After the battle, a mass meeting was held at the courthouse at which Boone Logan and others made speeches. A citizens protective association was formed. They adopted resolutions declaring "If any one is arrested for this day's work we will reassemble and punish to the death any man who offers the molestation."
The bodies of Craig, Jay and Bud Tolliver were taken charge of by the posse. They were washed, dressed and laid out in the public room of the American House. Coffins for the 4 bodies were ordered from Lexington. The Tollives' were taken to Eliott County for burial.
Craig Tolliver left a wife and 2 small children. He was a good husband and indulgent father. Marion Tolliver, a brother of Craigs' was a peaceable and well behaved citizen. He took no part in the feud. They were sons of a well to do farmer of Morgan County. However, when Craig was a boy of 14 his father had a lawsuit with a neighbor in which Tolliver was successful, there was a general bad feeling against him and after the trial was over, the unsuccessful litigant and a few of his friends went to Tollivers' house in the night and shot him to death while he was in bed. Craig was present and saw his father murdered. This happened about 20 years before he lost his life. After his father's death, the family moved to Elliott County where Craig grew to manhood. He carried weapons, practiced shooting, drank liquor and was a tough character as a boy and he grew worse as he grew older.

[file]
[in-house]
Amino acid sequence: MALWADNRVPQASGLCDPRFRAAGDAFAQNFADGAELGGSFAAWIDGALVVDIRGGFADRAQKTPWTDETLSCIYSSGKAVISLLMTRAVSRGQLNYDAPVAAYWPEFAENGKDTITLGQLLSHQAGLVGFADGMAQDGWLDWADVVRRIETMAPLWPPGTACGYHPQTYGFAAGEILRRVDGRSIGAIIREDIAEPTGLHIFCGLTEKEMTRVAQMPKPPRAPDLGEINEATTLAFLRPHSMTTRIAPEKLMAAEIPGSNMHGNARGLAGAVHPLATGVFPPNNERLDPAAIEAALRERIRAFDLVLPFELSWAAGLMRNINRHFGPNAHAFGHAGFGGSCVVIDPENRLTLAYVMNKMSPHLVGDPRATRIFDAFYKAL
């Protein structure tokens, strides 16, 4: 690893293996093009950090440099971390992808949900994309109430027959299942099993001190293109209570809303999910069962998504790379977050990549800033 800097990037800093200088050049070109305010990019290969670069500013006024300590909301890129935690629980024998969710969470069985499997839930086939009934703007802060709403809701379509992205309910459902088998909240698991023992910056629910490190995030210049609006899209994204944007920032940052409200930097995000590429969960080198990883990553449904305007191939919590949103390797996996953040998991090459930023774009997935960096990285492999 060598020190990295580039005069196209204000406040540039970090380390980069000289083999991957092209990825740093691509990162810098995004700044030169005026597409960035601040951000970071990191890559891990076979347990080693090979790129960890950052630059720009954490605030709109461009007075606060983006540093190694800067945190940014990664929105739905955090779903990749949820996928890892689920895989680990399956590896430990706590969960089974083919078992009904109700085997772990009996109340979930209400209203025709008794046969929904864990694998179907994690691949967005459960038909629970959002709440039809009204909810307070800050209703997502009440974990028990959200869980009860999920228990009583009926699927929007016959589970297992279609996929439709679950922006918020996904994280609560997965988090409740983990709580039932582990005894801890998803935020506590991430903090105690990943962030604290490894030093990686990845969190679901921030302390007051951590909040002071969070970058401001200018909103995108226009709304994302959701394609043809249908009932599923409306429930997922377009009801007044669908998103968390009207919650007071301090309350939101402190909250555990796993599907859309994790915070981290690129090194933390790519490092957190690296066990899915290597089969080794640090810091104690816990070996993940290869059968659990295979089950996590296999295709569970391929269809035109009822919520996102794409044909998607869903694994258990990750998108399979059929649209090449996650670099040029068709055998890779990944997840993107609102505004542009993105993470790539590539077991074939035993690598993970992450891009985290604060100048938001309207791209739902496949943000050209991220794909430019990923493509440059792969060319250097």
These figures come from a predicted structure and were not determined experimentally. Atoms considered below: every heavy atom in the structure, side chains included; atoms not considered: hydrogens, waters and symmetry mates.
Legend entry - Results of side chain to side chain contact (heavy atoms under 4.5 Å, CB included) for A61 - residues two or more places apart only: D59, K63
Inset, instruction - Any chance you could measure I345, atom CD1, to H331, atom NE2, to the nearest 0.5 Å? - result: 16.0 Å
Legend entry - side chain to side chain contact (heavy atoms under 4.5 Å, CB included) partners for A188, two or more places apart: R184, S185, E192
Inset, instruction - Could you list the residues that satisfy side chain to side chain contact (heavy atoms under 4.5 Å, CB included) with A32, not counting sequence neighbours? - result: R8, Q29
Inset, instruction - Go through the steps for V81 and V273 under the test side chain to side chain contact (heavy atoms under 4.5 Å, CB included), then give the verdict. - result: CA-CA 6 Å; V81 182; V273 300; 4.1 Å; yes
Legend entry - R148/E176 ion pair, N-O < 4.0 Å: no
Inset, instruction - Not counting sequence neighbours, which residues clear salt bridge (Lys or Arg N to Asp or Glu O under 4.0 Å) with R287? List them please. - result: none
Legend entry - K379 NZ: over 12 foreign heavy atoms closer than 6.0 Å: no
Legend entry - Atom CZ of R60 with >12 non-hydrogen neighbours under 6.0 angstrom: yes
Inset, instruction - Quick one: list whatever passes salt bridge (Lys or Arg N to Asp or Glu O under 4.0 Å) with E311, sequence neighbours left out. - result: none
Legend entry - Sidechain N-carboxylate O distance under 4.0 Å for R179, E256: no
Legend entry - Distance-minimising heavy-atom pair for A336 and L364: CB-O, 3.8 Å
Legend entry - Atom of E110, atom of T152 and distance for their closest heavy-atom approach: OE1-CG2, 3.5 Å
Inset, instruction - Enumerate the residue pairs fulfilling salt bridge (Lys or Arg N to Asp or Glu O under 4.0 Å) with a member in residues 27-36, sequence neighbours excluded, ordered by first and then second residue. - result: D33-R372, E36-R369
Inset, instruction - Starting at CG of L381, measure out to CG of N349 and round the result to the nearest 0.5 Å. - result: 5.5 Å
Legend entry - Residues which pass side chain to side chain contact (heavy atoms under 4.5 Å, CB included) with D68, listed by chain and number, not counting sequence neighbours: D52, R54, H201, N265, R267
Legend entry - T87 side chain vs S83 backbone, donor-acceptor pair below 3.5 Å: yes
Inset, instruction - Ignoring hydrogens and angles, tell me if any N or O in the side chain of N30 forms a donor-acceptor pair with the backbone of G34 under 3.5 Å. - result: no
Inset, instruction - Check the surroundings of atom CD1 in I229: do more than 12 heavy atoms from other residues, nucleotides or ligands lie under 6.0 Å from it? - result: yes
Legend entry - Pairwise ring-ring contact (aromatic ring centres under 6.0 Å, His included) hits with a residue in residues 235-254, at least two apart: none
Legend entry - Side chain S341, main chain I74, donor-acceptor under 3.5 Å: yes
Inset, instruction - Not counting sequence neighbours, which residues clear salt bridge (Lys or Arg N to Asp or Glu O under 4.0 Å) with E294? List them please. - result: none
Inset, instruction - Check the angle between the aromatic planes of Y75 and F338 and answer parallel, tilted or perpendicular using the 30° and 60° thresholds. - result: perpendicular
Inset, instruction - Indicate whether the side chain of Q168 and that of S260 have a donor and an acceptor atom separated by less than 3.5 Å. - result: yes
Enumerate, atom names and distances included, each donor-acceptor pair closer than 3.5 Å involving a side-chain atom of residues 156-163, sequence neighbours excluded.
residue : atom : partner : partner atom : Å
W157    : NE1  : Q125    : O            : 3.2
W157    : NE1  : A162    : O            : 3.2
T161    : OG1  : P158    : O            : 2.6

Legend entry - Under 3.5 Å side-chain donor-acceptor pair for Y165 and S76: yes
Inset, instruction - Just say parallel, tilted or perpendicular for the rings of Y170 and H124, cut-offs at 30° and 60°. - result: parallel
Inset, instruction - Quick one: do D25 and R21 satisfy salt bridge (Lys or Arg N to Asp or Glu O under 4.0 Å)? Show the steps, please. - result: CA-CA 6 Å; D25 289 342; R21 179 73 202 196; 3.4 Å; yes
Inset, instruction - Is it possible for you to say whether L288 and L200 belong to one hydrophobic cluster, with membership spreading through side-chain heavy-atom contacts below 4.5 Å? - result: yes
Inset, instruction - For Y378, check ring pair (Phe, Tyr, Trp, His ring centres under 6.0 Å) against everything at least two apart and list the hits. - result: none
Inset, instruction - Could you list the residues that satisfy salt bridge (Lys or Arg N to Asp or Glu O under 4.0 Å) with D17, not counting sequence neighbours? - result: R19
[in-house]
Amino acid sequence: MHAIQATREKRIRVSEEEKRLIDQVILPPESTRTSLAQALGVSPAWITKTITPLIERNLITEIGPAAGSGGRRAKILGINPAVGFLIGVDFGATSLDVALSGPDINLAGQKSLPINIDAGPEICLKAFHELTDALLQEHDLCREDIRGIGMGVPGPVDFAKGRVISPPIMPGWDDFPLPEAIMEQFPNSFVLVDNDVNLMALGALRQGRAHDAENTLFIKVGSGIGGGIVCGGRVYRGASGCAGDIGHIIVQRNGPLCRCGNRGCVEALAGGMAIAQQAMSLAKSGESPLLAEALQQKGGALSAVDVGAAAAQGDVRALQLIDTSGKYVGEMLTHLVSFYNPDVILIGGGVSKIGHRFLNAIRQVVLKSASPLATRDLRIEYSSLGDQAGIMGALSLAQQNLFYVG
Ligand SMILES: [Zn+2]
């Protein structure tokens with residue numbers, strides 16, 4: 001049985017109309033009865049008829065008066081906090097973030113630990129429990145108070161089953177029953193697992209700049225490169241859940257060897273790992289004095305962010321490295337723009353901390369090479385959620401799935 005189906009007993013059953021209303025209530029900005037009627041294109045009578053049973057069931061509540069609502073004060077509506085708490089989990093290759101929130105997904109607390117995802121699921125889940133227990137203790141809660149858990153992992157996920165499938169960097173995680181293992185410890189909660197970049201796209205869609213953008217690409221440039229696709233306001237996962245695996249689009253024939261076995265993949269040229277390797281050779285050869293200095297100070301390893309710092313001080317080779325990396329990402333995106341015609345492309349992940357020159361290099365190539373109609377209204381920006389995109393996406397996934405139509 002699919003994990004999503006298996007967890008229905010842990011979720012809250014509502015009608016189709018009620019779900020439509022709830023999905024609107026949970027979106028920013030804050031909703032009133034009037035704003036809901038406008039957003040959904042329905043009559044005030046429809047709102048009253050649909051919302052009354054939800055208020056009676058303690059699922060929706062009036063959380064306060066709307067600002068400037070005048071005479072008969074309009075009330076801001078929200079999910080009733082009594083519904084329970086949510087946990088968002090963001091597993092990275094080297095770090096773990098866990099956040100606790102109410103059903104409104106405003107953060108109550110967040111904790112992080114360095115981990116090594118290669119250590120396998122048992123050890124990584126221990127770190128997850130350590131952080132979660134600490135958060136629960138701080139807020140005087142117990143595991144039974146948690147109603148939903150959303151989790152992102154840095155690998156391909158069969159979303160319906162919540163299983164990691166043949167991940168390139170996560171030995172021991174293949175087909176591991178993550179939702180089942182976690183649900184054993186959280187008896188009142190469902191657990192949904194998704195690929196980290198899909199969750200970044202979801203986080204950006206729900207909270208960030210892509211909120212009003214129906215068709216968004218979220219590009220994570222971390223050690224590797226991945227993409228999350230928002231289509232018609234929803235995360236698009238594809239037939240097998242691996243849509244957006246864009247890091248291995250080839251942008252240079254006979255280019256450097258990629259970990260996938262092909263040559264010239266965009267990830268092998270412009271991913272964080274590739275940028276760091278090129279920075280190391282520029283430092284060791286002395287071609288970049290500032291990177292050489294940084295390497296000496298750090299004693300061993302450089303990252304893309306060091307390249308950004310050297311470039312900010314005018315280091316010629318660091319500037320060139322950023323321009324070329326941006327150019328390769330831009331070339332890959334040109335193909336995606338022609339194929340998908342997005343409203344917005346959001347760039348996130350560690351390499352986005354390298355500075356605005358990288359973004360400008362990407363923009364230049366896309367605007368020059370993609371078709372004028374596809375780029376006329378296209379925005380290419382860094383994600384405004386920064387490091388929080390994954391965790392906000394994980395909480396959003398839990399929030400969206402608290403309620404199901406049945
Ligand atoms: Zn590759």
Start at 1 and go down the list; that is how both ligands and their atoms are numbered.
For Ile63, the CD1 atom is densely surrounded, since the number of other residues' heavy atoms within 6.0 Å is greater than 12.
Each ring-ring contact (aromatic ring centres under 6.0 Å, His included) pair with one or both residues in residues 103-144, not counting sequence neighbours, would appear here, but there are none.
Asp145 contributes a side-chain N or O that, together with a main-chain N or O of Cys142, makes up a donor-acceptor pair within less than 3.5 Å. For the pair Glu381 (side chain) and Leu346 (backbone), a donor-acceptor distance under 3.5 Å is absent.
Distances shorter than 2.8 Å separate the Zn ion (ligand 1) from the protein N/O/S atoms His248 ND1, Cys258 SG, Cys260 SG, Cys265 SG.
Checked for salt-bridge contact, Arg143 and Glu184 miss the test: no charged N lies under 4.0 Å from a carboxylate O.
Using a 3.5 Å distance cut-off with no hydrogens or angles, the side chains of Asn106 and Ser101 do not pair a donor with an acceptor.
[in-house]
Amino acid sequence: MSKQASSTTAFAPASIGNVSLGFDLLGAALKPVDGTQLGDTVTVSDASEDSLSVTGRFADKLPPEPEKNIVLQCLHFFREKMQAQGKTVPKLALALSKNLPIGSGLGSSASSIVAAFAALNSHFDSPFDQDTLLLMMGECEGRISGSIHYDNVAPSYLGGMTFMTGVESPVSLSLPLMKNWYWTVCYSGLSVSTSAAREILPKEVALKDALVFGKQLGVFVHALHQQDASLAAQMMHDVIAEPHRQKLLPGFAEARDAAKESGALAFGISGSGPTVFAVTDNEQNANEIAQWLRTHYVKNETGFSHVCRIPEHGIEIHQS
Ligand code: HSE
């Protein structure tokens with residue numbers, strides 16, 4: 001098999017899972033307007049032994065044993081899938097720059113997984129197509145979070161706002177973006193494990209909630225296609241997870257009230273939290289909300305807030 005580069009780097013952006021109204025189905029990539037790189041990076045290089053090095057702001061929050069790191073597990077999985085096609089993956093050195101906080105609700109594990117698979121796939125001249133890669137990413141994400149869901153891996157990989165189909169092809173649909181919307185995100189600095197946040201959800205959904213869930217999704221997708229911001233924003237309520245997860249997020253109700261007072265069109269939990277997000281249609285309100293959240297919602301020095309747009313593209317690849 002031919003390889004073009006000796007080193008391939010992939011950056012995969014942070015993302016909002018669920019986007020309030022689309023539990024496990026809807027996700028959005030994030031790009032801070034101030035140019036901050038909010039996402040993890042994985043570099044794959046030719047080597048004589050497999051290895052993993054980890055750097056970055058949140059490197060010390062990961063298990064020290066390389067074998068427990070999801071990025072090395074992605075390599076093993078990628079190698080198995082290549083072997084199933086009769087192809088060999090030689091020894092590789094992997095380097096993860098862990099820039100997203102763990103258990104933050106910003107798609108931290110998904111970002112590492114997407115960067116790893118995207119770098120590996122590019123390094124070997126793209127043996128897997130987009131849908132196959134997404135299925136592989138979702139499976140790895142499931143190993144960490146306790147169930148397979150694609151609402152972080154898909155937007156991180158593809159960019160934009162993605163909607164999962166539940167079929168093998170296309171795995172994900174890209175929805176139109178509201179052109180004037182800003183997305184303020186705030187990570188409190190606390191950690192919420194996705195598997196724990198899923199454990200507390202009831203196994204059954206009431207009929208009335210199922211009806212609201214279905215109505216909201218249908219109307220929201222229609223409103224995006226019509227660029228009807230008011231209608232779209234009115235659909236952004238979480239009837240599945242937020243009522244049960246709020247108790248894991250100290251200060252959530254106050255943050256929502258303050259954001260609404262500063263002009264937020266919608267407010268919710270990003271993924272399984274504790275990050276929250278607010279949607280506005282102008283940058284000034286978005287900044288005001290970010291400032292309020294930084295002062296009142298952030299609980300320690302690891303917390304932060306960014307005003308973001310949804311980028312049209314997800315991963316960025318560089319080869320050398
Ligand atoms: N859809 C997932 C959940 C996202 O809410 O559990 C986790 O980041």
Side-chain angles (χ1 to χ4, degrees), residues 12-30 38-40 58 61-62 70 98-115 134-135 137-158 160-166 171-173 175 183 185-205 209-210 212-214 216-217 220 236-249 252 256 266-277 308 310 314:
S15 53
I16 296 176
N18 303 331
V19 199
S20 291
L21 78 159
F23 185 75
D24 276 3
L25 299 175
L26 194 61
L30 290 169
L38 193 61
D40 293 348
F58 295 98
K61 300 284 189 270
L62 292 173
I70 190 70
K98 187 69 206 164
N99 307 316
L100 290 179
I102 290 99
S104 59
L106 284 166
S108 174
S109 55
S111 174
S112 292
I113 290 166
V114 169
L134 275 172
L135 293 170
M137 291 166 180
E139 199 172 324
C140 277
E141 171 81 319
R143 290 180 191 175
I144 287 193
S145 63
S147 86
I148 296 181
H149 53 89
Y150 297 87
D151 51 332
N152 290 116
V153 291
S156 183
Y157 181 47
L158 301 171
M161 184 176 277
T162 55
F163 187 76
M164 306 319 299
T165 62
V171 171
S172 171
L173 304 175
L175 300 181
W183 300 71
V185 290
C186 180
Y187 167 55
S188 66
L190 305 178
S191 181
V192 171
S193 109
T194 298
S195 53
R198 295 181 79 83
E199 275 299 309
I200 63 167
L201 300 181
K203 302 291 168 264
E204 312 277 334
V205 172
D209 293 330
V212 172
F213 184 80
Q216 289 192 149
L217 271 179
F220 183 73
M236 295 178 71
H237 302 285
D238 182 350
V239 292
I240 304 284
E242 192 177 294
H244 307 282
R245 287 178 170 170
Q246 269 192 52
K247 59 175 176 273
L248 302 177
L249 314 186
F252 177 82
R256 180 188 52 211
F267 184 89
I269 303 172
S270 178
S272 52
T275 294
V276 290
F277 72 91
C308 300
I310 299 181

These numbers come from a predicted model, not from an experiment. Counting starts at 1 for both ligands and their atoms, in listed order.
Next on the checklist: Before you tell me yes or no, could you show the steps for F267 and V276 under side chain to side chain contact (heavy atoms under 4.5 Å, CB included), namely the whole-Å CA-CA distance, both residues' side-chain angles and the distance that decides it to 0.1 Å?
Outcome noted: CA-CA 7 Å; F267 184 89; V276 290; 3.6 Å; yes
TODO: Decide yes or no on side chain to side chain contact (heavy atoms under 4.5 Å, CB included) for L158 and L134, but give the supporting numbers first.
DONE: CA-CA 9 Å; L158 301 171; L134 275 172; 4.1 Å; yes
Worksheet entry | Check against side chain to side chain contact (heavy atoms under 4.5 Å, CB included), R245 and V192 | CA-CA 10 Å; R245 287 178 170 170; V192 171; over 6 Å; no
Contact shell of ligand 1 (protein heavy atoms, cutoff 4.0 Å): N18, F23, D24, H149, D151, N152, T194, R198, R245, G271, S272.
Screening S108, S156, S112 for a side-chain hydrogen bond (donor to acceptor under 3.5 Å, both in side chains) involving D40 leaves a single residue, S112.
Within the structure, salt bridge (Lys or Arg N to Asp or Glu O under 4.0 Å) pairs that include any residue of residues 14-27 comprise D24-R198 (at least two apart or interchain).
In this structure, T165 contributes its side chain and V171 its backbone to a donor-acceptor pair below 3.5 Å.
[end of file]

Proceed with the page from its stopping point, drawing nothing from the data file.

He went to Rowan County about 5 years before his death. He was 6' tall, 36 years old, had light blue eyes, brown hair and he wore a large mustach and goatee. He was true to his friends and vruel to his enemies. Perhaps no gamer man ever lived in the mountains or elsewhere. He was poorly educated, shrewd and cunning and mild mannered except when in action. He was a typical desperado.
While the newspapers in all parts of the country had much to say about Craig Tolliver, about the time of his death, no mention was ever made of any man who lost his life from his hand. It seems that he directed others to commit deeds of violence but seldom took part in them. Tolliver made his living without any visible occupation or means of support, but he always had plenty of money. Shortly before his death he engaged in the whiskey business and at the time of his death he owned 2 saloons in Morehead and he was also engaged in the hotel business.
This account was copied from "Famous Kentucky Tragedies and Trials" by Lewis Franklin Johnson.